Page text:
Week 11

Trends & Environments

The opening of the film ‘The Da Vinci Code’ is a scene where the main character, Robert Langdon (played by Tom Hanks), gives a lecture on ‘The Interpretation of Symbols’.

It is only a short clip, but it has always made me want to discover more about symbolism and semiotics and find a ‘real’ lecture on symbols and semiotics to attend!

The Da Vinci Code

We are surrounded by signs, symbols, messages and colours all day long, which are all used to communicate and help us with our everyday life.

Martin Hosken, in this week’s lecture, explains about the meaning of messaging and communication and how “graphic advertising as medium, by which messages promote products, services, or ideas, has become competitive, complex and sophisticated”.

Communication is about the message received, not the message sent.

Notes

What I found most interesting about Hoken’s lecture is that he mentions about how signs and symbols are ‘culturally learned’.

We interact with signs every day and with some in particular, we instinctively know what they are and what to do when we see them. No-one has properly explained to us what they mean, we don’t always fully understand how they came about, but we act accordingly when we are presented with them. Traffic lights, blue & red flashing lights, road signs, red cross, parking, toilets, danger, etc.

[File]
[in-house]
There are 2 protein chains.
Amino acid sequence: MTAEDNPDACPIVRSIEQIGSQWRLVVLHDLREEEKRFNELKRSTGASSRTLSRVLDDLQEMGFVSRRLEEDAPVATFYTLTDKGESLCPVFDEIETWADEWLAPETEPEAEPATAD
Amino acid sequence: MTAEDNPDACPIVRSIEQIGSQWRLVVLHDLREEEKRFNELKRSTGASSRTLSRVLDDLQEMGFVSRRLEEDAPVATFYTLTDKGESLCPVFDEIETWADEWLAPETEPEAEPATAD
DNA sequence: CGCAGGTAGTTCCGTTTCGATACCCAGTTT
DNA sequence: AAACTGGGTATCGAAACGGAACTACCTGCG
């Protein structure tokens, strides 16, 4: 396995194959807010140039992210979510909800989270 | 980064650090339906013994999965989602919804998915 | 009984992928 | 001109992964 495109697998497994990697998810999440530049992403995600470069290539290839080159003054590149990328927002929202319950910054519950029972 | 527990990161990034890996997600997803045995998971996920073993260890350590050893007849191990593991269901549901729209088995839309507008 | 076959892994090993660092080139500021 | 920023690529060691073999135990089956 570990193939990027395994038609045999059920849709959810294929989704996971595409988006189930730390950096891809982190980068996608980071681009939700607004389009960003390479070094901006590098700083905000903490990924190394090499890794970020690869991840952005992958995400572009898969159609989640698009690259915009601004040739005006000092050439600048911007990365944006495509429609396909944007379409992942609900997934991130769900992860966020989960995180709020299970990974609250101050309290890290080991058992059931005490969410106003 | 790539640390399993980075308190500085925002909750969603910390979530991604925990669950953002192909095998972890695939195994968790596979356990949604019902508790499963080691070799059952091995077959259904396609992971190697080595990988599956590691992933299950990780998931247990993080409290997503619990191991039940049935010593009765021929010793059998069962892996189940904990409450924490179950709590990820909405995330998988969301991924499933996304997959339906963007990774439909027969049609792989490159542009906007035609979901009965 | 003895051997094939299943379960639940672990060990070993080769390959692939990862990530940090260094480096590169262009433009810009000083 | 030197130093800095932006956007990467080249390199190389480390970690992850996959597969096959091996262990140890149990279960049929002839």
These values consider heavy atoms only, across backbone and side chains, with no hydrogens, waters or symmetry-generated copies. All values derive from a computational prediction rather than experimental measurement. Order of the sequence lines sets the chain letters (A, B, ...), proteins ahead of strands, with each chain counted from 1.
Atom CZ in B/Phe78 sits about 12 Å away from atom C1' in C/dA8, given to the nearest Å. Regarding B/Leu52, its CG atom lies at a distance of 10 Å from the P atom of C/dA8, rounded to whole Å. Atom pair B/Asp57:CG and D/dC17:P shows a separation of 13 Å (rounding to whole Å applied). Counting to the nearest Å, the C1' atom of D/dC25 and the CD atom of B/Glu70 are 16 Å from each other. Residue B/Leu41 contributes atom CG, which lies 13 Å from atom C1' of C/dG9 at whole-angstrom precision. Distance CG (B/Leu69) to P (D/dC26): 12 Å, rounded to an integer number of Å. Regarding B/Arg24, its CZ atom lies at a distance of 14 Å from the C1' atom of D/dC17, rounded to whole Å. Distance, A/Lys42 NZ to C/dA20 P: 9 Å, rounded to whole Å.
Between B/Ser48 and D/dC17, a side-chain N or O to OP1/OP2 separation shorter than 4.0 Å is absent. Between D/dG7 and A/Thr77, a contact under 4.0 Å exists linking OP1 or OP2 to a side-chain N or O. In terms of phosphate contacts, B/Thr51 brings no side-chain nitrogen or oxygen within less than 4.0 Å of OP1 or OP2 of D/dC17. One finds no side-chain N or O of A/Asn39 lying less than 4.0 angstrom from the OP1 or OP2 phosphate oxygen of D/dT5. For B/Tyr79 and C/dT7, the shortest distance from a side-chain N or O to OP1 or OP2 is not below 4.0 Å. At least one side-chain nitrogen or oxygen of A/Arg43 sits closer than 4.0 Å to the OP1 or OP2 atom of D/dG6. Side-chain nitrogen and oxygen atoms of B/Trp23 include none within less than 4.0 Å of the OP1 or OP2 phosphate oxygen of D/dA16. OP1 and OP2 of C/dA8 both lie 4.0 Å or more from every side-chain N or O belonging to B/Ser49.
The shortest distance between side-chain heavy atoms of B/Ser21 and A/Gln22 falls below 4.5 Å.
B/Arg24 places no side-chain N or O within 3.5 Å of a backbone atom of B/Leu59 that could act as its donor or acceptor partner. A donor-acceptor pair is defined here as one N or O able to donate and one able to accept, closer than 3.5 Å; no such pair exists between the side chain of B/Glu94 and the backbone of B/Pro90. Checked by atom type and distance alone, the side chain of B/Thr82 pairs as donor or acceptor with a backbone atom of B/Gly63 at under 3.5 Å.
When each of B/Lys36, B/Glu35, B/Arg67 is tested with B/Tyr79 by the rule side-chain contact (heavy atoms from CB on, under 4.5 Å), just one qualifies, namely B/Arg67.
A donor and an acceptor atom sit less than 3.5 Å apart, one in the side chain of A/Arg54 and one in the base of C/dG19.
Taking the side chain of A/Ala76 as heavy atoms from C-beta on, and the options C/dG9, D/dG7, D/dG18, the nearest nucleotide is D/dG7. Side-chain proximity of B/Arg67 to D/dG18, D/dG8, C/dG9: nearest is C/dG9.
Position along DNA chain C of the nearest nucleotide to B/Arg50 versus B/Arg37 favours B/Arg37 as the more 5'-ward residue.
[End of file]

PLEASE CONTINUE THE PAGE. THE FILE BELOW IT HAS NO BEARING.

Signs & Symbols

 

Similar to language, we hear words used in conversation and add them to our own, using them in the correct context but without truly understanding what the words mean or how they came about.

 

Workshop Challenge

I wanted to focus more on the ‘culturally learned’ signs and symbols that help us through our day rather than consumer goods brands. Examples like clothes care symbols, maths symbols, safety symbols, music notes and hand gestures – peace, okay or even sign language. All of which surround us, and we take for granted, but don’t fully understand how they evolved.

 

Symbols

 

With my parents being Irish, I am faired skinned and can burn easily in the sun. I also have tasty blood! On a family holiday to Italy, a few years ago, I was bitten many times and my skin reacted quite badly. I needed to find a pharmacy to get some help and staying in an unfamiliar town, I wasn’t entirely sure where the nearest one was.

However, while walking through the street, I looked up and recognised the illuminated green cross symbol that was placed above a shop. I instinctively knew this was the local pharmacy and I was able to get some treatment for my bites.

Even though as humans we live all over the world within our own unique cultures, beliefs and religions, when we get injured or sick, we all turn to medical profession for help. We have ‘culturally learned’ symbols and signs for hospitals, ambulances, police and fire engines – all of which are slightly different across the world.

With this is mind, I wanted to research the signs and symbols that are used across the world for pharmacies. Some countries use the same symbols, while others have different variations. We still associate all these different symbols with the medical profession, but I don’t fully understand how they came about and why the colours red and green are mostly used in their design.

Pharmacy Symbols